So what is etiquette anyway? Well, we’d say that basically it’s having good manners and consideration for others.
Here are our 10 top tips for making sure you don’t make an etiquette mistakes on your big day. And if you’ve have any to add, please leave a comment on our Facebook Page!
In a nutshell, the rule for wedding etiquette is to treat others as you would like to be treated yourself. Follow our tips and you’ll be well on the way to ensuring that your guests talk about your wedding afterwards for all the right reasons!
Image of bride and groom by Nicki Feltham Photography.
Consider what budget people will have for travel and hotels. If you’re having a wedding abroad somewhere exotic, not everybody will be able to take the time off work or afford to come. So if it’s important that all your nearest and dearest attend your nuptials, you’ll either have to foot the transport and accommodation bills or marry somewhere more accessible.
With many couples living together beforehand, they’re likely to have most of what they need already. It’s tempting to ask for money towards a honeymoon or your mortgage. In fact, you should never ask for a particular wedding gift. Guests should be free to give you whatever they want – even if you don’t particularly like what you receive. If you do have a gift list, you can draw attention to it by including a discreet slip along with your wedding invitations and details for any websites that should be visited.
It’s crucial that you say thank you for all your wedding presents and as quickly as possible.It’s a good idea to try and send a thank you note out as soon as you receive the gift – it doesn’t have to be long – a simple postcard will do. A text or e mail won’t. This is the one time when you’ll have to do it the old-fashioned way with stamps and an envelope.
The Best Man really doesn’t have to do his best to totally humiliate the groom. There are grannies, bosses and kids about. So fun but clean please.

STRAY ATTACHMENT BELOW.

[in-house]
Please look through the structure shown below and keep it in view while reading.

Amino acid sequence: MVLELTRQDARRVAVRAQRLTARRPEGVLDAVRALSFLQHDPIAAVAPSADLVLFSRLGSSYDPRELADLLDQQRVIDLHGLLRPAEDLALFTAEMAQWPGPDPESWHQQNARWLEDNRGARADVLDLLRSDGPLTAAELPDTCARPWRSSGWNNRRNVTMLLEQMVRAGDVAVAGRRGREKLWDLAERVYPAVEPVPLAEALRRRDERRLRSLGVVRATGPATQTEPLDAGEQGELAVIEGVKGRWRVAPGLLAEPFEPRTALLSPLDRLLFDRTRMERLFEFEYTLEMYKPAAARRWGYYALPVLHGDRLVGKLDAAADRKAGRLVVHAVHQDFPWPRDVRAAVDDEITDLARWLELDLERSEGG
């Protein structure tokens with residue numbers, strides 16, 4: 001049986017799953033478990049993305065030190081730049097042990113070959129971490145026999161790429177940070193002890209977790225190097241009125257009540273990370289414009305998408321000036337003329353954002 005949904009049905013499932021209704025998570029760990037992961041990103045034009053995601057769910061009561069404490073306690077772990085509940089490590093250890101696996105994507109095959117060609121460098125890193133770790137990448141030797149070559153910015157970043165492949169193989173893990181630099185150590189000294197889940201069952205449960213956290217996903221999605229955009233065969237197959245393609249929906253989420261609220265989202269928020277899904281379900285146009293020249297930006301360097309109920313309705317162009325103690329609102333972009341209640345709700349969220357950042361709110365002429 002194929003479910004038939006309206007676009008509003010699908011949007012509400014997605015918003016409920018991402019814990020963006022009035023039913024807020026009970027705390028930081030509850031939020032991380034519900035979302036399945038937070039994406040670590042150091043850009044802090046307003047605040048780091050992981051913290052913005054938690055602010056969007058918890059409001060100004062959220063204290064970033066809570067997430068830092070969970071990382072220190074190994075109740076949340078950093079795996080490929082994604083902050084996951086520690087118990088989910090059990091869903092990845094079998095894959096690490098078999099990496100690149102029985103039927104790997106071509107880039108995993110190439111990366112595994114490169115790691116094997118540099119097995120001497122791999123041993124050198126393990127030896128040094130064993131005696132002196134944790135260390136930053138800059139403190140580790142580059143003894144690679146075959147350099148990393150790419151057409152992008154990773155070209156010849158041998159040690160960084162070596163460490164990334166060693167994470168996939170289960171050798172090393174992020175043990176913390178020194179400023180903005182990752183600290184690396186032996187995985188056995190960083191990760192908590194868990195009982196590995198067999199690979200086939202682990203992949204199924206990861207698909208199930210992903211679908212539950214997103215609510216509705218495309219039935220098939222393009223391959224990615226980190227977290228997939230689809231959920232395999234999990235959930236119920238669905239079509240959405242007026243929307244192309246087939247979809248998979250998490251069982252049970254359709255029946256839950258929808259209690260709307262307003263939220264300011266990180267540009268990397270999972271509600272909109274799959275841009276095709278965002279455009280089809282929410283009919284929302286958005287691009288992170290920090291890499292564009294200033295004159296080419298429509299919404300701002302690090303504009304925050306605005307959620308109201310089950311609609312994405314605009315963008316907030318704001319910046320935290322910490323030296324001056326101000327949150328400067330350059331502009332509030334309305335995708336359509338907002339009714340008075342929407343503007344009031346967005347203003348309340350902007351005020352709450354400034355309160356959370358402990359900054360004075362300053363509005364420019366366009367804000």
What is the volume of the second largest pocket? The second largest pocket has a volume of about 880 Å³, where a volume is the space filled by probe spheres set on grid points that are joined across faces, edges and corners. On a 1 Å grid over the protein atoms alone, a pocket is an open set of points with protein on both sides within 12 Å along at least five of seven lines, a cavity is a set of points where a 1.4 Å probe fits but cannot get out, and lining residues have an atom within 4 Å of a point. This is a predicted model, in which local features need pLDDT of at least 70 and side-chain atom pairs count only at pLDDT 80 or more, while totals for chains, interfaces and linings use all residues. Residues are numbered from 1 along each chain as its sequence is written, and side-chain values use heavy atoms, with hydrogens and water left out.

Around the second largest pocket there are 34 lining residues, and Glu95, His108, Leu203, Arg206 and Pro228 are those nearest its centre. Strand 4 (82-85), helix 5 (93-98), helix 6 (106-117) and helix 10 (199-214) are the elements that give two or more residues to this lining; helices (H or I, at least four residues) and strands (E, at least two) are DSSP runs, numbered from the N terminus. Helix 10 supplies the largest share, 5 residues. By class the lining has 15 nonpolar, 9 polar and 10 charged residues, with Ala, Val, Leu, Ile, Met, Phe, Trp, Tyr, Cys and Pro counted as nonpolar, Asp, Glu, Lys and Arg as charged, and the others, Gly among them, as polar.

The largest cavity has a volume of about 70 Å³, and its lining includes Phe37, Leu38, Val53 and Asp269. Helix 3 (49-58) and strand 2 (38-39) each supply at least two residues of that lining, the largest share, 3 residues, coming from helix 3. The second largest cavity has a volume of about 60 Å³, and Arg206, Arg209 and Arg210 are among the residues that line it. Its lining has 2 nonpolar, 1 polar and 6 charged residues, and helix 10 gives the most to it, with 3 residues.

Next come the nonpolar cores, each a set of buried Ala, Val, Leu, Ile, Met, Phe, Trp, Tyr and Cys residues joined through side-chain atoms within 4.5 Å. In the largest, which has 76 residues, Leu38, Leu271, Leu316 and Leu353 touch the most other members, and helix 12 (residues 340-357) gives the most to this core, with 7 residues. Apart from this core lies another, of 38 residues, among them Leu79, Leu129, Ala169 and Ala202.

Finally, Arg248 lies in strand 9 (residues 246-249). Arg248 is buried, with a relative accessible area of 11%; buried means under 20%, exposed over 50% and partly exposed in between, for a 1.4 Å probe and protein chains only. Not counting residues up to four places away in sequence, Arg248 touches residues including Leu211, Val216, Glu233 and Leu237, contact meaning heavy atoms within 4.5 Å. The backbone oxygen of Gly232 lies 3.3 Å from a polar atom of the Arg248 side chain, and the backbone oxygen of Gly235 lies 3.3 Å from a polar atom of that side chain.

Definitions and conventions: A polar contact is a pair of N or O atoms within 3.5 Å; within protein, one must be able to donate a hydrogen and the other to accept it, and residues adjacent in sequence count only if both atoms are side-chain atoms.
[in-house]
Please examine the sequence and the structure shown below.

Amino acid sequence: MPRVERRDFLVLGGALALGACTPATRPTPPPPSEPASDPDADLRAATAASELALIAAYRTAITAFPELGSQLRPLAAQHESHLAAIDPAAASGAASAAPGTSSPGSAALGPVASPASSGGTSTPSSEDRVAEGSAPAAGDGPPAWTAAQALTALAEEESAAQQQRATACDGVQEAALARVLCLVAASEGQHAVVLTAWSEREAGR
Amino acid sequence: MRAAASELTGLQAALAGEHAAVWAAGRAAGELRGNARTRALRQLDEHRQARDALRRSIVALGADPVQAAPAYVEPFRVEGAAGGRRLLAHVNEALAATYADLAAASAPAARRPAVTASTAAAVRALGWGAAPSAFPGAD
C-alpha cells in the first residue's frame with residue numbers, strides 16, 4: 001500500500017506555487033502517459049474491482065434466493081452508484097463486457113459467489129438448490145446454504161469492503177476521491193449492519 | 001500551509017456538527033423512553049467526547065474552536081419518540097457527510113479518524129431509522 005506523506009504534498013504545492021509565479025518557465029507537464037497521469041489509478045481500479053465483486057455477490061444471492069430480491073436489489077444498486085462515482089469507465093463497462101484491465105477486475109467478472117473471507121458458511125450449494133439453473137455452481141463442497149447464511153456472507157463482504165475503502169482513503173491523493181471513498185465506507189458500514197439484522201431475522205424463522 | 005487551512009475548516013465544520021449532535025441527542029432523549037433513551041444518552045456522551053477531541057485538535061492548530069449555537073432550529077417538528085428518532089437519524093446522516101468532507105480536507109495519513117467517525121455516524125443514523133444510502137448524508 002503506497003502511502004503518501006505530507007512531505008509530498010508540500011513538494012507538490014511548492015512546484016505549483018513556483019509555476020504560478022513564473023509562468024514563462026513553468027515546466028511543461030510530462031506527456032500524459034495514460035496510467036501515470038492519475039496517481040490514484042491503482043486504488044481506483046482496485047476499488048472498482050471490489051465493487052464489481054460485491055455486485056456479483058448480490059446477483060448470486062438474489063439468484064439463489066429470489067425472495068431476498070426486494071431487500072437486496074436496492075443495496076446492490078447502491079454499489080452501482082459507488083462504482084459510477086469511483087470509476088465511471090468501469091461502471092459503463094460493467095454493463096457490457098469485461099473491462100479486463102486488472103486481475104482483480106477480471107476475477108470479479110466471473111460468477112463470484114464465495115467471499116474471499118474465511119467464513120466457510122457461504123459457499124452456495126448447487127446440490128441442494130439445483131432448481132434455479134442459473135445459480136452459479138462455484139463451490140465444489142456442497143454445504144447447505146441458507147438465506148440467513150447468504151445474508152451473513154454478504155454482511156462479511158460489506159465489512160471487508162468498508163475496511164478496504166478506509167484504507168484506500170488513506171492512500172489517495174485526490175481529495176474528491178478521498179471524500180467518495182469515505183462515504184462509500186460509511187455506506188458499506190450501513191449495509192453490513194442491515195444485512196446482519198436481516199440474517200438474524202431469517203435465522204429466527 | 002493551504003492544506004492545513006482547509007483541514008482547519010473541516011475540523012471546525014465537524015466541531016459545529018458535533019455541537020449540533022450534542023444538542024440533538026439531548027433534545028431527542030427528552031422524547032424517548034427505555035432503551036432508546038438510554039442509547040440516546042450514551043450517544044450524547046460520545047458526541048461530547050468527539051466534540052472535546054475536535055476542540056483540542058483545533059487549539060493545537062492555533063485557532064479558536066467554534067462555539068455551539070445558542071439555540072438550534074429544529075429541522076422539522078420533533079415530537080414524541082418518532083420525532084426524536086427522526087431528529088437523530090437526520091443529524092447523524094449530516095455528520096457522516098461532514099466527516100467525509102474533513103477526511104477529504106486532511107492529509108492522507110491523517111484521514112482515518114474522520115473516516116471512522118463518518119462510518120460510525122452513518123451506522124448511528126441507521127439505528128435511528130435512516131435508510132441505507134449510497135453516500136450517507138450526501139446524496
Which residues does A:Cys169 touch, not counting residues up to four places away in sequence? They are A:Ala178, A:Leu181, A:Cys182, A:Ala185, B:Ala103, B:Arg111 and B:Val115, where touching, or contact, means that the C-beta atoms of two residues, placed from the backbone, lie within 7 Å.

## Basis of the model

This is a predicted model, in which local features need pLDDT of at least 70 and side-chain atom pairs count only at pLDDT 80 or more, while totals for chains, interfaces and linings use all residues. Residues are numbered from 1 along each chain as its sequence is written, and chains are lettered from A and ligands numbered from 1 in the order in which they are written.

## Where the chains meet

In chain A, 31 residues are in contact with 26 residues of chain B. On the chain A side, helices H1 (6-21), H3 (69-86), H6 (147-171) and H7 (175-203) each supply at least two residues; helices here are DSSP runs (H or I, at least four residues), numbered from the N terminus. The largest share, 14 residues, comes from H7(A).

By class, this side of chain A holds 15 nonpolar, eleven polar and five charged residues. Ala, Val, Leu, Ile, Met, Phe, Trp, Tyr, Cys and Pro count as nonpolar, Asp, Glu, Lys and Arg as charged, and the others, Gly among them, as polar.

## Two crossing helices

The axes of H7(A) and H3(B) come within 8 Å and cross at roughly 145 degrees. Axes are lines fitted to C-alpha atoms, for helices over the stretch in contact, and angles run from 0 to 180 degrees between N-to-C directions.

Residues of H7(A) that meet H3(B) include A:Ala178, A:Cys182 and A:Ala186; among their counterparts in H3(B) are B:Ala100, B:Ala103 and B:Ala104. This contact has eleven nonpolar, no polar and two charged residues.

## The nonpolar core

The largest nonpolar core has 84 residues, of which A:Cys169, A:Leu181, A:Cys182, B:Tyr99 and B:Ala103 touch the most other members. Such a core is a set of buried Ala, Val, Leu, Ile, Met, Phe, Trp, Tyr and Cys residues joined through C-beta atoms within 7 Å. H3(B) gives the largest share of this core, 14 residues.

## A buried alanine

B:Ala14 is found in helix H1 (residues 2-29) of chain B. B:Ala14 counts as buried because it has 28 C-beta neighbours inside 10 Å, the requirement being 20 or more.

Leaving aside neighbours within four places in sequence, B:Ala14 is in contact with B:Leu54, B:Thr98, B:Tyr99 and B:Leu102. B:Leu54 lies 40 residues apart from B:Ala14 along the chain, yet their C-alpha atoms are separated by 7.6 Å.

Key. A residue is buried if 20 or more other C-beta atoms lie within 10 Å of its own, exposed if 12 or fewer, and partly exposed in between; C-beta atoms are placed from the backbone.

It doesn’t have to be enormous, just somewhere quiet to watch DVDs would be fine. If the kids are occupied, the parents will have a good time too. And that’s all part of the etiquette of keeping your guests happy.
It’s also a good idea to keep nuts off the menu (even pine nuts can be a problem to some). Try and choose a dish acceptable to all – fish is usually a safe bet – and when you send out your invitations, you might like to include a slip about food asking people if they’re vegetarian or have allergies.
If you really don’t want to spend your budget on entertaining vague boyfriends or girlfriends then make it clear on the invitation that it’s for the invitee only. Although if a couple is established, living together or engaged then of course they should both be invited.
Teenagers and young adults over 16 will appreciate receiving their own invitation – it’s a nice touch. In fact, anybody over 16 shouldn’t really be included on a family invitation.
If you’re having a DJ or live music and will be clearing tables away from the front of the room to create a dancefloor then you’ll need to provide somewhere for those people to sit. Also remember that not everybody will want to dance – weddings are a great time to catch up and chat, a chill out room or a warm and cosy spot at your wedding venue (maybe by a fireplace in winter) where tea and coffee is served would work well.
Don’t skimp on food and drink. If you’re set on getting married around noon and want to carry on until midnight, then you’re looking at feeding your guests twice – with a substantial snack in between. Which can be expensive. It might be better to get married as late in the day as possible and just have one meal. Keep it simple. A buffet is fine. And if you’re marrying early afternoon and not having an evening party then you don’t need to have a sit down dinner. An amazing afternoon tea with fizz would go down a treat.